The YouTube advantage: How social video platforms could seize the podcast market
Photo: Sebastian Pandelache
After launching a podcasts page for US users in August, YouTube is debuting its first official trends podcast. Like & Describe: The Official YouTube Trends Podcast is hosted by Matpat, a long-time YouTuber with 16.4 million subscribers. With video podcasts on the rise, YouTubers are not the only creators becoming podcasters, as several TikTok creators are now diving into the audio market. Both YouTube and TikTok can provide ecosystems for millions of video content creators to expand into podcasting, within the same platforms where they have already built audiences.
Tapping into in-house creator ecosystems
As the creator economy booms, platforms are battling for not just users, but creators too. For instance, Spotify has just signed gen Z podcaster, Emma Chamberlain, to an exclusive deal, poaching her from YouTube. However, YouTube and TikTok do not have to battle for podcast creators in the same way as Spotify must. While Spotify has to poach creators from other platforms, YouTube is already home to a variety of creators with established audiences on the platform, who can now launch and monetise podcasts within the same ecosystem, making it easier to bring their audiences along. Plus, YouTube is already the second most used platform for accessing podcasts, with 39% consumer penetration. Creators of all types need more ways to earn revenue and get discovered. By launching a podcast on YouTube, creators can build upon, and further monetise, the followings they have already developed there, rather than starting from scratch on a streaming platform.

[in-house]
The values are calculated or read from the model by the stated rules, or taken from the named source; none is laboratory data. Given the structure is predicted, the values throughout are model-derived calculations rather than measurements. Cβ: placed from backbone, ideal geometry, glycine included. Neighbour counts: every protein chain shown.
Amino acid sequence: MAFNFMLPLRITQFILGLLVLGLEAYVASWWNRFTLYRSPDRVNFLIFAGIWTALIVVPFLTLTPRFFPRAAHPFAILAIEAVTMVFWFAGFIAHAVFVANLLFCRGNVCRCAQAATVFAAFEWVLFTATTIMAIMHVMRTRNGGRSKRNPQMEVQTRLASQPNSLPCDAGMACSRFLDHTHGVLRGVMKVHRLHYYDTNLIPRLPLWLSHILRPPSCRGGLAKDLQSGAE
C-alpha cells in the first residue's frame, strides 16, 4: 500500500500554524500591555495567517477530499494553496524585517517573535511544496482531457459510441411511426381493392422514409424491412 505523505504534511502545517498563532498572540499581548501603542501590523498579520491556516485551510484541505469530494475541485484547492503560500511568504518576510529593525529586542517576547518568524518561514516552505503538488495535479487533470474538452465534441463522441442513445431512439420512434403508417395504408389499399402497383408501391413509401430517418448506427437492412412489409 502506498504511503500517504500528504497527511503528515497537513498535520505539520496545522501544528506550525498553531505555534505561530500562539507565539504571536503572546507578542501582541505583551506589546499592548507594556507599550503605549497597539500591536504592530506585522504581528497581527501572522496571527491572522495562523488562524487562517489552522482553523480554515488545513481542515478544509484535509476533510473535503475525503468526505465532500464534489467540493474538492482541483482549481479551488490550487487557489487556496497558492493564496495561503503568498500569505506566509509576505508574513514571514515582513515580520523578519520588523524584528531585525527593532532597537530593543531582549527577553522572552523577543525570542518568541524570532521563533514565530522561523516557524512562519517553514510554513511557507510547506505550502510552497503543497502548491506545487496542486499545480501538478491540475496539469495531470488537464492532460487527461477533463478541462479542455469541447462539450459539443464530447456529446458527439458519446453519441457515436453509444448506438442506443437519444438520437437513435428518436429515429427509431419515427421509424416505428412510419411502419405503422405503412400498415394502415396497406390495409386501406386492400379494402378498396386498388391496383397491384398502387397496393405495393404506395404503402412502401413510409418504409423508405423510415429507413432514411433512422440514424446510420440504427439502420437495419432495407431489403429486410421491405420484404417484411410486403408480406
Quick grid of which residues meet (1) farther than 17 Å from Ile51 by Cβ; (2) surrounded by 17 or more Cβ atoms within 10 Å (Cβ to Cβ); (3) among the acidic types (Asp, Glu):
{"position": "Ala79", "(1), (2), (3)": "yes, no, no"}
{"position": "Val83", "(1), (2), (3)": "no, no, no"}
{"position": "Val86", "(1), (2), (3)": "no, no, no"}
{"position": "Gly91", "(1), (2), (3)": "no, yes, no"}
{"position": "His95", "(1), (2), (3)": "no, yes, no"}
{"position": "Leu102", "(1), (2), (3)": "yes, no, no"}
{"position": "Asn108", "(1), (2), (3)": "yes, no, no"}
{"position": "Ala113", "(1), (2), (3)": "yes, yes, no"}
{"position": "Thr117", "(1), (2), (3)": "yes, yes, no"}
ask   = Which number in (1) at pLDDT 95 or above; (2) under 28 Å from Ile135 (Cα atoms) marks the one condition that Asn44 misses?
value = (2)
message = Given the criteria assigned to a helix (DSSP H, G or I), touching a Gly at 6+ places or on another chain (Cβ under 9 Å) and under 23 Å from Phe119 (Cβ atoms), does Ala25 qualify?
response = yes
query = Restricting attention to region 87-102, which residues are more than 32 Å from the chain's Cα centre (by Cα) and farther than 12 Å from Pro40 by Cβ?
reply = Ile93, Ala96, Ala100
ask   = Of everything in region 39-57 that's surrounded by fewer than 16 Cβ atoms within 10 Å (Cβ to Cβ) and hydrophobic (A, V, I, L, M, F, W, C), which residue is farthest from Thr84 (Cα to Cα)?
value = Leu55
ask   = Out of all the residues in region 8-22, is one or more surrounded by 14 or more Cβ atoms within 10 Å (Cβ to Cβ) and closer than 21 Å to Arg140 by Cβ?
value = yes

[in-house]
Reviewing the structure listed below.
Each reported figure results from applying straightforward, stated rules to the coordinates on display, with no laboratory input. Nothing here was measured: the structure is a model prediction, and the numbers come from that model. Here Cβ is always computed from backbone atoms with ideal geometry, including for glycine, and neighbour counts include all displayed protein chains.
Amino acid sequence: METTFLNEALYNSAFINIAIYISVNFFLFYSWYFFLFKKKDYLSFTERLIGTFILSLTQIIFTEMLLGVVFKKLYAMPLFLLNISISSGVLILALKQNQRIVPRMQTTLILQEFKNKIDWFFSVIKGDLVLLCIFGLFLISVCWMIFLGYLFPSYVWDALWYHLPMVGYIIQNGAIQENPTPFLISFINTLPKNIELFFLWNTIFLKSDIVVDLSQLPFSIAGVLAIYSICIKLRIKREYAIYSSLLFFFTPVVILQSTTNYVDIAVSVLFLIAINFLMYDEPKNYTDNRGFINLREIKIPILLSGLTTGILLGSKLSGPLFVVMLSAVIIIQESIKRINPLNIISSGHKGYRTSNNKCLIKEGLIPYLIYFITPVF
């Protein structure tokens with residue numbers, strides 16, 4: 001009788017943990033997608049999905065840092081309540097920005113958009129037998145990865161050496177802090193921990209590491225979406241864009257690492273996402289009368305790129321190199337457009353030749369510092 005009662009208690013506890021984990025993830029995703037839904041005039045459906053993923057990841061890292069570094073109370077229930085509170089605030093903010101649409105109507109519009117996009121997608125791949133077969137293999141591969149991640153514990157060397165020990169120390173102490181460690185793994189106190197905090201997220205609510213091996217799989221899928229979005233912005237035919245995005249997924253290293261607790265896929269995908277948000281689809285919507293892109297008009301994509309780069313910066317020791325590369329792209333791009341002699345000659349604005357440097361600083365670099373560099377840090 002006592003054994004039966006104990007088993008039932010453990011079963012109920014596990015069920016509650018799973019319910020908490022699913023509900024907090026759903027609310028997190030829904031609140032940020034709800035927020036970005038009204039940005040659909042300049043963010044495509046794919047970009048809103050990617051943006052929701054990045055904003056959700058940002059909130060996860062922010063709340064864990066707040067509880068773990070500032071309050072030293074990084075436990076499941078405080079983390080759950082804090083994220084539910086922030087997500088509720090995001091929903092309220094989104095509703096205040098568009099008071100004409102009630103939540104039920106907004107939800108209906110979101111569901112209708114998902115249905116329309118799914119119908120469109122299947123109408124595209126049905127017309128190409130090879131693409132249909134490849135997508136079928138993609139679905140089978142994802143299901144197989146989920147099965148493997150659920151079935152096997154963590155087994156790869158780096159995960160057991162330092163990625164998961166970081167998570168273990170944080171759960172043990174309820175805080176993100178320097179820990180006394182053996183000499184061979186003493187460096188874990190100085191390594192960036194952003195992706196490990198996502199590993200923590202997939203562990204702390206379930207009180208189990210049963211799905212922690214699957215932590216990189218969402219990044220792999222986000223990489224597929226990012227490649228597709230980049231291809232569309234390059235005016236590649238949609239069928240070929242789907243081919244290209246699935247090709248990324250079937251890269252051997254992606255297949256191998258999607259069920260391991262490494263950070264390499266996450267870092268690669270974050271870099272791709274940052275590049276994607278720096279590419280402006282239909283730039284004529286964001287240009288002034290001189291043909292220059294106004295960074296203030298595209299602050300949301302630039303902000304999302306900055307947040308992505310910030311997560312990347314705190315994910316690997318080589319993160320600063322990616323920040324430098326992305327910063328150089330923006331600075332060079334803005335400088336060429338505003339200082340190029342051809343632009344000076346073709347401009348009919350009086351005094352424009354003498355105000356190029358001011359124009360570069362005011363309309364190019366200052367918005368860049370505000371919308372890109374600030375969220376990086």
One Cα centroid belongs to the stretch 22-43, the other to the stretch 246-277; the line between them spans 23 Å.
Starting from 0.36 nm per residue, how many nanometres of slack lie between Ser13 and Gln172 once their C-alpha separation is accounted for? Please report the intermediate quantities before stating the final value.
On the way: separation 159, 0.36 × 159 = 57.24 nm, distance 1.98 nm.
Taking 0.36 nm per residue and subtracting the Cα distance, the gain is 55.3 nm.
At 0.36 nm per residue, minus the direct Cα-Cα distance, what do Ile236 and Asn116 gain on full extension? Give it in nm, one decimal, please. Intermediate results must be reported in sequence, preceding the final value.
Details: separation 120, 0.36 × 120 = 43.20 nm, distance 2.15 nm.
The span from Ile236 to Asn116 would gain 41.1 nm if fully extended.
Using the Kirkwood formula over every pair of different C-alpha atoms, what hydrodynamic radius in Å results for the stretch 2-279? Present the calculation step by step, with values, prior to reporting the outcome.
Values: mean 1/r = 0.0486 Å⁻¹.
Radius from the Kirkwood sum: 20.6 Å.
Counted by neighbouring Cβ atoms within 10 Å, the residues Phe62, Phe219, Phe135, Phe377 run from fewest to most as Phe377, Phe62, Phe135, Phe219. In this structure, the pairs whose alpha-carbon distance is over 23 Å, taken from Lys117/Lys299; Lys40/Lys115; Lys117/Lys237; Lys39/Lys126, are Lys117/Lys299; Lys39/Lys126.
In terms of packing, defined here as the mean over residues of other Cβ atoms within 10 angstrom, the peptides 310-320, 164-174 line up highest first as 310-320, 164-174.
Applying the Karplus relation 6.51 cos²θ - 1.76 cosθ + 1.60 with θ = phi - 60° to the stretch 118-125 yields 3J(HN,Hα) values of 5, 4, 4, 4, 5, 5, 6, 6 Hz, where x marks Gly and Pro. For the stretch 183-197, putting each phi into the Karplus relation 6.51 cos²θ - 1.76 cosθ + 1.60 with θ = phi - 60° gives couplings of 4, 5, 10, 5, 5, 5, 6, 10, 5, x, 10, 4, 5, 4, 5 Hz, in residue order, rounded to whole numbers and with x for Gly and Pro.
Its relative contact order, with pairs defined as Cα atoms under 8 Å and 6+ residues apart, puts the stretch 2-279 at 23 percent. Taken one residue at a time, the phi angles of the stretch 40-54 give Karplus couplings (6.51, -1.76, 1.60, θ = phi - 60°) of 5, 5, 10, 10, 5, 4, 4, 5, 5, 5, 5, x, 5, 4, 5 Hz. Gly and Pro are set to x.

If TikTok, or its forthcoming streaming service, TikTok Music, were to include a podcast vertical, it could do the same. TikTok stars are already turning their video content into podcasts. Gen Z creators George Clarke and Max Balegde, with a combined 4.6 million TikTok followers, launched the podcast Useless Hotline to answer listeners' life queries. Similarly, TikTok creator Grace Keeling’s Saving Grace podcast is an extension of the entertaining stories she tells on TikTok. While her show is less than a year old, Keeling is embarking on a podcast tour next year, a milestone that would have been much more difficult to achieve without her foundational TikTok audience. In this way, podcast tours are also an opportunity for creators to turn their social media followers into actual fans and earn income beyond brand partnerships and advertising.
As a result of the attention economy, creators must build their presence in a variety of formats. For instance, a single creator may have a TikTok presence, a podcast, and a YouTube channel to capture an audience. This explains why video creators are now turning to podcasts; to reach audiences of other formats. Meanwhile, the lines between formats are blurring as traditional audio podcasts now include video and audiobooks, which may be interpreted as podcasts. The platform that can help a creator release content across a variety of formats will have a competitive edge in the creator economy.